“…To be a successful scientist, you need to do what you like to do. If you don’t like mathematics, don’t give up. That doesn’t forestall you’re being a scientist at all.”
— E.O. Wilson
One of the first science professors I had as a freshman at Harvard was E.O. Wilson, a pioneer of Evolutionary Biology, and scientific giant. I would only learn years later that he was also dyslexic, struggled with math, and was blind in one eye due to a childhood injury.
He passed away in December at the age of 92, and left a legacy of insights on the natural sciences and the education of young scientists.
One bit of advice that drew him into controversy was his strong insistence that “being good at math” wasn’t essential to becoming a great scientist.
I’m glad he said it, he said it because he lived it – and he knew it to be true – and he knew that a lot of talented scientists-to-be are discouraged from entering science because they fear their weakness in math will block their way.
“The world awaits you. And more so now than ever, never mind that science has as its primary language, mathematics. It has other languages as well. And it really has a requirement overall, for gifts often lacking in those who are enamored of mathematical analysis and laboratory work, namely, intuition, the ability to recognize patterns, and above all, a lifetime devotion to find detail of the wonders of the natural world. I like to say that if you want to do be an entomologist, or work on nematode worms, nematode worms are little miracles of themselves.
Do you want to go down to the level of bacteria? A rotting pine stump in the woods is a universe. You could spend a lifetime in a Magellanic voyage around that one pine stump, and just spew out one important scientific discovery after another… a large part of science of the 21st century is going to be synthesis. We are entering an age of synthesis of the analysis of complex systems and that’s going to require enormous amounts of detail and attention to detail and the way things fit together.”
From his essay in the Wall Street Journal:
“During my decades of teaching biology at Harvard, I watched sadly as bright undergraduates turned away from the possibility of a scientific career, fearing that, without strong math skills, they would fail. This mistaken assumption has deprived science of an immeasurable amount of sorely needed talent….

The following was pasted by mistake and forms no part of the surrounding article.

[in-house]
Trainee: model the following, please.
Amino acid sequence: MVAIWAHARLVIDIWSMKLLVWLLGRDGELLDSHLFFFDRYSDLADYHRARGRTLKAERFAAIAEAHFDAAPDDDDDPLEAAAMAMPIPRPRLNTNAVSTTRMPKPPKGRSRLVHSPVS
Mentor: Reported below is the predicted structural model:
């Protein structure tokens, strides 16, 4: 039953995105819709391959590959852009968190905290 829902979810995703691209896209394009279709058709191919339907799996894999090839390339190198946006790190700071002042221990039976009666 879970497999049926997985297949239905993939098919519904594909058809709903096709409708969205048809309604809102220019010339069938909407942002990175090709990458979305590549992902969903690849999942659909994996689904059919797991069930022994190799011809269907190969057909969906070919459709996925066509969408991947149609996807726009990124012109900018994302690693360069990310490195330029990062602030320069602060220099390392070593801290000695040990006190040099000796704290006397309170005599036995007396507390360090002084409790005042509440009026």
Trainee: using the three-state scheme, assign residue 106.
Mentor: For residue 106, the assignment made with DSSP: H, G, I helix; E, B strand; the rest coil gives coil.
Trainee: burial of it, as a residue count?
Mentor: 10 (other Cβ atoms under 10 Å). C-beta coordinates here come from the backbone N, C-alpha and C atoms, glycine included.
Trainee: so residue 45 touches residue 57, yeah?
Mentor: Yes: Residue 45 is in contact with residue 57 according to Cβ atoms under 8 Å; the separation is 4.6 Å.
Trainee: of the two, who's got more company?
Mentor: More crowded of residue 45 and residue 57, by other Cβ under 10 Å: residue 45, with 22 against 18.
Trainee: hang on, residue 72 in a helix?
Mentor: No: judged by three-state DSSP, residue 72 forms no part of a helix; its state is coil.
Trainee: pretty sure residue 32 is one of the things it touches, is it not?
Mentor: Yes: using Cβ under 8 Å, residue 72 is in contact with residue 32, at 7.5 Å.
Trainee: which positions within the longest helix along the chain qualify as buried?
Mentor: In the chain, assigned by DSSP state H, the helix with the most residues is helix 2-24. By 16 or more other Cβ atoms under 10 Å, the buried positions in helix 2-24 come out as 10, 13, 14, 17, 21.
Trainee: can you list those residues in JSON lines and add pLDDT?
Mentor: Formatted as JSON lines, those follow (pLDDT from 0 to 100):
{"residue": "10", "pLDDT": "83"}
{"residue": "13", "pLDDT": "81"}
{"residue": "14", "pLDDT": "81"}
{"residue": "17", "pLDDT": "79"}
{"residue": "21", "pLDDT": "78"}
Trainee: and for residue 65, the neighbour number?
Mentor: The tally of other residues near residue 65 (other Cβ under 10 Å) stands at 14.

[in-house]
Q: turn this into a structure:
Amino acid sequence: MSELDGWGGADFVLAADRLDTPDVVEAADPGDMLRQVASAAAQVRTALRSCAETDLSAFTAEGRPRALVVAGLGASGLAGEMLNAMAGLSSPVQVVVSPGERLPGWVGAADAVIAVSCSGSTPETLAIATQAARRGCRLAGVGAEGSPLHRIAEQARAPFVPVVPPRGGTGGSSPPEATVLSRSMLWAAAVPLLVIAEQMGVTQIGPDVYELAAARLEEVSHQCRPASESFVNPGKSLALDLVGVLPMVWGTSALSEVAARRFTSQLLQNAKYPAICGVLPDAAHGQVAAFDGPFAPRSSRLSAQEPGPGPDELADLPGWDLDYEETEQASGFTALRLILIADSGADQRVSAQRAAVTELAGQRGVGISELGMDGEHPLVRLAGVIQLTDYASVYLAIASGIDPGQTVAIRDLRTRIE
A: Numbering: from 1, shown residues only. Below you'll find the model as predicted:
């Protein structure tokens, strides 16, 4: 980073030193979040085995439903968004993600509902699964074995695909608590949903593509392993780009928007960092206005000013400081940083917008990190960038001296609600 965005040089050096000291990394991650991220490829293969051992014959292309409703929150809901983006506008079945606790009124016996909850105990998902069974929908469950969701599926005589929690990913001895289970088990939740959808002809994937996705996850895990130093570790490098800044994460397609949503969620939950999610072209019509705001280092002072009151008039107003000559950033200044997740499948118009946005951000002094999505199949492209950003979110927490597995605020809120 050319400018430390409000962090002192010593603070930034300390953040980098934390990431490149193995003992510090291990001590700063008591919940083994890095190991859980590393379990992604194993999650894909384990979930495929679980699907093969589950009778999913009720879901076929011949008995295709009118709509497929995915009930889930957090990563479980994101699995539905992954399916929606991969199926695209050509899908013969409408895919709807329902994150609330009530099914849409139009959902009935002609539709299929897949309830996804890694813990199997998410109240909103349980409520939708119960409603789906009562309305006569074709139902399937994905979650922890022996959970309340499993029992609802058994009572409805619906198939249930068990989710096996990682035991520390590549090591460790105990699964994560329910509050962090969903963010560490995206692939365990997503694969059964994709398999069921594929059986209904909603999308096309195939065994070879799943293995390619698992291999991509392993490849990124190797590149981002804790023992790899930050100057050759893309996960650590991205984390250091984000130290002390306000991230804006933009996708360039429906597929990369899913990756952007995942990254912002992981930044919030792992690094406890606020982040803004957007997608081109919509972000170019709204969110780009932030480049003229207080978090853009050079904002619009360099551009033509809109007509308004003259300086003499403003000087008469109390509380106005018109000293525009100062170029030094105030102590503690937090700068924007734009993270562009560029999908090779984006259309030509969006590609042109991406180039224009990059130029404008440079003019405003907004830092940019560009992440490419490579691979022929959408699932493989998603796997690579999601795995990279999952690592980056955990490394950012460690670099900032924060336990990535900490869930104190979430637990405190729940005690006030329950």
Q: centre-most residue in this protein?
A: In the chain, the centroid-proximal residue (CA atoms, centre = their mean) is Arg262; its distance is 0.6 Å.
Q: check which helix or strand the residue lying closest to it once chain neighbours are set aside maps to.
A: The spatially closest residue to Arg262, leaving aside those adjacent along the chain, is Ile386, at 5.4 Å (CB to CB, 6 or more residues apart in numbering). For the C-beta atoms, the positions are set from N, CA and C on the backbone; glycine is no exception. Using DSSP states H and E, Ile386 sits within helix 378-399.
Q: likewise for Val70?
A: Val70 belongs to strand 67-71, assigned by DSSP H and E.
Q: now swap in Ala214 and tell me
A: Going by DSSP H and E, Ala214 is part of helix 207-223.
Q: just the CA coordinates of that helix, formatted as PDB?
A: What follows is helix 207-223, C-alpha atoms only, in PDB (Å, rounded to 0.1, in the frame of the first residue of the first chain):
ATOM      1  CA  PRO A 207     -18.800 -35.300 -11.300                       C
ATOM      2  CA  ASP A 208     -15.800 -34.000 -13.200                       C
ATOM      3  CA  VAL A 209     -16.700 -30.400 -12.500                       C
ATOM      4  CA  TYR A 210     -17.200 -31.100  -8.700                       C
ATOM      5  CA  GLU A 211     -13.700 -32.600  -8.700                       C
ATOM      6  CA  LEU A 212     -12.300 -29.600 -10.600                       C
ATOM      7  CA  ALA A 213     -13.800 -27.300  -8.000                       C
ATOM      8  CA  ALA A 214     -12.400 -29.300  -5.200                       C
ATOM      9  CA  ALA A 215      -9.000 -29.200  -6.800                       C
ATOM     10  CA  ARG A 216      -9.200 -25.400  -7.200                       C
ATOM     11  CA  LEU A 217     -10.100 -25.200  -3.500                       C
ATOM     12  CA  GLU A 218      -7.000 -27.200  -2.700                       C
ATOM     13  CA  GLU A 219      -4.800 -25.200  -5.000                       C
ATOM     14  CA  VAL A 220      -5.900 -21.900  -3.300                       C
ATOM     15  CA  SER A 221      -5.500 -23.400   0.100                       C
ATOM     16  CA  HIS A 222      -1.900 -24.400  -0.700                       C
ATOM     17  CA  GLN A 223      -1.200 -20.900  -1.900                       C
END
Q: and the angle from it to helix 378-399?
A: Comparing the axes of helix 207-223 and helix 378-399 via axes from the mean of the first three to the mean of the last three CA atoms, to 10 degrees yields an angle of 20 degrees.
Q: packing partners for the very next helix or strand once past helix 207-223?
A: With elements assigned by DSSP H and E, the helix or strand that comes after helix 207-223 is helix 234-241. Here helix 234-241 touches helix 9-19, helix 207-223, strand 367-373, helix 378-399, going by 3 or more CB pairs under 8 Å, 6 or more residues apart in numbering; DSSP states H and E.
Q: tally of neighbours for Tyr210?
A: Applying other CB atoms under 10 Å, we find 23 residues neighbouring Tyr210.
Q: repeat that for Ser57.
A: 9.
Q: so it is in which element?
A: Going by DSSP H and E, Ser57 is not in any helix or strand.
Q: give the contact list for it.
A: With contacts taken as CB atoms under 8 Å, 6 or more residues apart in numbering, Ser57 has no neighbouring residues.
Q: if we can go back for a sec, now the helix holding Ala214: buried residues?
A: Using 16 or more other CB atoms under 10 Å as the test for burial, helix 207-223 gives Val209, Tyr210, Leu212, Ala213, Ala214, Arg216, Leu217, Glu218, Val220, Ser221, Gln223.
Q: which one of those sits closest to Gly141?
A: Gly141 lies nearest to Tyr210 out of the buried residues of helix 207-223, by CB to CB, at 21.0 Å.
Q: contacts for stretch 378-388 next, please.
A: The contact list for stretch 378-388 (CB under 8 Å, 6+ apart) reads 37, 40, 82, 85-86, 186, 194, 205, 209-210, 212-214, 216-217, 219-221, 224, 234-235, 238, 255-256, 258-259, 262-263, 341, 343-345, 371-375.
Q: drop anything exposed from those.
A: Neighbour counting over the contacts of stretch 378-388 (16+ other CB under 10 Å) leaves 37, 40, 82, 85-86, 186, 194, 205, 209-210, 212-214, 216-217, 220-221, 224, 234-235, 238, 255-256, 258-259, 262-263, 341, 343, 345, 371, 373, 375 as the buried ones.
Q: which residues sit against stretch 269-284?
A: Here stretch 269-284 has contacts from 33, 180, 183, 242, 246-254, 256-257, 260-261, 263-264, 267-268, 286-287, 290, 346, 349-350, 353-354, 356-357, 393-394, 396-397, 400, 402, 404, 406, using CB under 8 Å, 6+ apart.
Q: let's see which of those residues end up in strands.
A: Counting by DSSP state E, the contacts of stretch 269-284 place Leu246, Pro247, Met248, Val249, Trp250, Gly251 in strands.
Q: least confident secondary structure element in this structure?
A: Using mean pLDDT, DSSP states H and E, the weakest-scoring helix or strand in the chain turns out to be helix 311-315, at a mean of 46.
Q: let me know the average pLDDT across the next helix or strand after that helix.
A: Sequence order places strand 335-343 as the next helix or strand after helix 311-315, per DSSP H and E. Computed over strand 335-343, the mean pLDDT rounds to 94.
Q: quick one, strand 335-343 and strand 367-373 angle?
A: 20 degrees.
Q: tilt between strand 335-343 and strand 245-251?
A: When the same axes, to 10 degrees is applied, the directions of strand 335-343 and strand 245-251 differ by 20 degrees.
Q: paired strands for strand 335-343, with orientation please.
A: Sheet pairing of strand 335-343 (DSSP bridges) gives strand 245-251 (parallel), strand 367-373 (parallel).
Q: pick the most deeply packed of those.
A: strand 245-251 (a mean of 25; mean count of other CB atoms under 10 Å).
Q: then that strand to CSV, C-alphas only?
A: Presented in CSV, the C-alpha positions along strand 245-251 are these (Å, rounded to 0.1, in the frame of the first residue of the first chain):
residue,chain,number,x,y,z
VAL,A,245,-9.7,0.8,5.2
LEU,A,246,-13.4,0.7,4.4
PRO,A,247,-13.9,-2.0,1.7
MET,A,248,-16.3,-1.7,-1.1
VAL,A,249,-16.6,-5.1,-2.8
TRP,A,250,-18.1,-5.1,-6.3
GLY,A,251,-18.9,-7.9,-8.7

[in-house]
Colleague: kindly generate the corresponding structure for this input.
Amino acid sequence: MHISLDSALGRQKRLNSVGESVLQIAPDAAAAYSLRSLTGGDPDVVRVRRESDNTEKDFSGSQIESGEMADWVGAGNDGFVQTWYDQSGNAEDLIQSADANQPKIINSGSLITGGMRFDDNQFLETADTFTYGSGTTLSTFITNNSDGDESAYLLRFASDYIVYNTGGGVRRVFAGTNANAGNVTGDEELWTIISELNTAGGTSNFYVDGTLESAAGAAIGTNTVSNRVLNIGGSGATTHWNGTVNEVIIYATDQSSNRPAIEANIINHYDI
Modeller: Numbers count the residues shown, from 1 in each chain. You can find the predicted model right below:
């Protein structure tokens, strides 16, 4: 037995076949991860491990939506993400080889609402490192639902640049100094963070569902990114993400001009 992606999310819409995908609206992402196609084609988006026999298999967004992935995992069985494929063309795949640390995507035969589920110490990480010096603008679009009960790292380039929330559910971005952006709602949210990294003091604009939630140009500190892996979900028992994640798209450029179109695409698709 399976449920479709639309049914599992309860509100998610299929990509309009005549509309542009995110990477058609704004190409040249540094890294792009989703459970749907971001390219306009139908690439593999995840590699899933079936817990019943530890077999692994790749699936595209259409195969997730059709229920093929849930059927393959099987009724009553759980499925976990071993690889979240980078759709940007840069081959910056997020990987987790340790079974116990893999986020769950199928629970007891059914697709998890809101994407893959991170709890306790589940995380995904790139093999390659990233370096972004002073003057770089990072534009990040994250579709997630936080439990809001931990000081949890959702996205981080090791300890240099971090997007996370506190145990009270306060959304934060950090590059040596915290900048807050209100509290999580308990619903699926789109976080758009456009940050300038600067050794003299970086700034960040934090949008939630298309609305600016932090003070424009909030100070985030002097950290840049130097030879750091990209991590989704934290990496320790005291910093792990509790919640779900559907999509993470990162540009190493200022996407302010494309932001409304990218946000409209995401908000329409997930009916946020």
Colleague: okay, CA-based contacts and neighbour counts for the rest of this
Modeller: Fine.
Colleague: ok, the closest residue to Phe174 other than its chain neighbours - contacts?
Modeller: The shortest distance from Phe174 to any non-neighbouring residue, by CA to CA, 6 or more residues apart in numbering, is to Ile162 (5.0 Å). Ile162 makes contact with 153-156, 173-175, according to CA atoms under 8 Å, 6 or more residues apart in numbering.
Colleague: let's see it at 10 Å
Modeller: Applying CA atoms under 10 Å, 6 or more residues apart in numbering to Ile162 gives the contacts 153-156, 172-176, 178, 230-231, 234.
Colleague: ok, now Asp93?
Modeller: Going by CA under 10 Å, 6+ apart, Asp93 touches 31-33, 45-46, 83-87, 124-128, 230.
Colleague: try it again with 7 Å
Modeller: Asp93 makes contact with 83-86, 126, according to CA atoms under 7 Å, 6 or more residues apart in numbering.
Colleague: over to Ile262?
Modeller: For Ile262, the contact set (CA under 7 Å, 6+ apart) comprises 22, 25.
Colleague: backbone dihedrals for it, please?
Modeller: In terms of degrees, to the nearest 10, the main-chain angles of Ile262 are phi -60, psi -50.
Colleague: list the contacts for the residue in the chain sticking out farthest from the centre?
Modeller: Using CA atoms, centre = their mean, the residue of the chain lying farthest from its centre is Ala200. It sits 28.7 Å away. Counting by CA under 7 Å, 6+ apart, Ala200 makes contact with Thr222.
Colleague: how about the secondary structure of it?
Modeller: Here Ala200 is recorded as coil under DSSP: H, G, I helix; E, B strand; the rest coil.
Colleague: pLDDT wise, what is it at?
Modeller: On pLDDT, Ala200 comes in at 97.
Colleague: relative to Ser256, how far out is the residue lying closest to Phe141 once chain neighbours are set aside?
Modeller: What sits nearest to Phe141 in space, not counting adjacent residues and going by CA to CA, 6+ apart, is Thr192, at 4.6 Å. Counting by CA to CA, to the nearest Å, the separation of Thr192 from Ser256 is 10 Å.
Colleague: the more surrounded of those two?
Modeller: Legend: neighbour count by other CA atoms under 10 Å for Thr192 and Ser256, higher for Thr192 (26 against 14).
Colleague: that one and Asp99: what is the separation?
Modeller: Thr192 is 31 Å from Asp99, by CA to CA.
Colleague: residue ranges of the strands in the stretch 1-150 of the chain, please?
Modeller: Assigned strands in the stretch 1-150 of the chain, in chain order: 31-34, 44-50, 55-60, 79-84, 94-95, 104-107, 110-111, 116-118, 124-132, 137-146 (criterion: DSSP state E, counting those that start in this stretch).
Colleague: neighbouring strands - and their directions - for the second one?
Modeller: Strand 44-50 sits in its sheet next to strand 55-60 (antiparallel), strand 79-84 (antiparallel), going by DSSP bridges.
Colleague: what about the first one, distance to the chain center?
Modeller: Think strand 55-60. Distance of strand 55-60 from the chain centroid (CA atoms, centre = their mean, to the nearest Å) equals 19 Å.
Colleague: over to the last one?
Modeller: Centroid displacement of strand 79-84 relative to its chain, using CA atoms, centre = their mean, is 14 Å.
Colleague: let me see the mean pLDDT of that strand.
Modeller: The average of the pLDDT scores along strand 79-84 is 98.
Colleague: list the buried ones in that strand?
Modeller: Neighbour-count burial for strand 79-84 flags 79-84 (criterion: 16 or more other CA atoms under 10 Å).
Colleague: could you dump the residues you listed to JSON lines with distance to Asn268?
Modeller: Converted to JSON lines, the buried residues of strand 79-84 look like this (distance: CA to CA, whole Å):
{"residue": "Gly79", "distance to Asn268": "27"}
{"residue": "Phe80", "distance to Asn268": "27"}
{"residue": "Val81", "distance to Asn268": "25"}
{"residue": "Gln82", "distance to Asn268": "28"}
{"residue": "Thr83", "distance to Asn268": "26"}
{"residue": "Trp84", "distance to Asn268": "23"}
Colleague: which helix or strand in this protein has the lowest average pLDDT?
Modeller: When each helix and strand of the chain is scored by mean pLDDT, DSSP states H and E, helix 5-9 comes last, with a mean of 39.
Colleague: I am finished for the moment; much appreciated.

I speak as an authority on this subject because I myself am an extreme case. Having spent my precollege years in relatively poor Southern schools, I didn’t take algebra until my freshman year at the University of Alabama. I finally got around to calculus as a 32-year-old tenured professor at Harvard, where I sat uncomfortably in classes with undergraduate students only a bit more than half my age. A couple of them were students in a course on evolutionary biology I was teaching. I swallowed my pride and learned calculus…” I was never more than a C student while catching up, but I was reassured by the discovery that superior mathematical ability is similar to fluency in foreign languages.
Pioneers in science only rarely make discoveries by extracting ideas from pure mathematics. Most of the stereotypical photographs of scientists studying rows of equations on a blackboard are instructors explaining discoveries already made.
Real progress comes in the field writing notes, at the office amid a litter of doodled paper, in the hallway struggling to explain something to a friend, or eating lunch alone. Eureka moments require hard work. And focus.
Ideas in science emerge most readily when some part of the world is studied for its own sake. They follow from thorough, well-organized knowledge of all that is known or can be imagined of real entities and processes within that fragment of existence. When something new is encountered, the follow-up steps usually require mathematical and statistical methods to move the analysis forward. If that step proves too technically difficult for the person who made the discovery, a mathematician or statistician can be added as a collaborator…
If your level of mathematical competence is low, plan to raise it, but meanwhile, know that you can do outstanding scientific work with what you have. Think twice, though, about specializing in fields that require a close alternation of experiment and quantitative analysis. These include most of physics and chemistry, as well as a few specialties in molecular biology.
Newton invented calculus in order to give substance to his imagination. Darwin had little or no mathematical ability, but with the masses of information he had accumulated, he was able to conceive a process to which mathematics was later applied.”
Needless to say, there are mathematicians and scientists who opposed this advice (for example, HERE), but EO’s advice resonated with me both professionally and personally, as I also have dyscalculia. In a prior issue, I interviewed a statistician with dyscalculia (Dylan Lynn), and numerous other scientists and technology professionals who are dyslexic (for instance Jack Horner, Douglas Merrill) have talked about their challenges with pencil and paper math. Unusual discrepancies abound among dyslexic professionals.
The way may not be easy, but there is a great need for intelligent scientists and other STEM professionals, and it is a mistake to put obstacles in the ways of those who might be quite successful in their fields.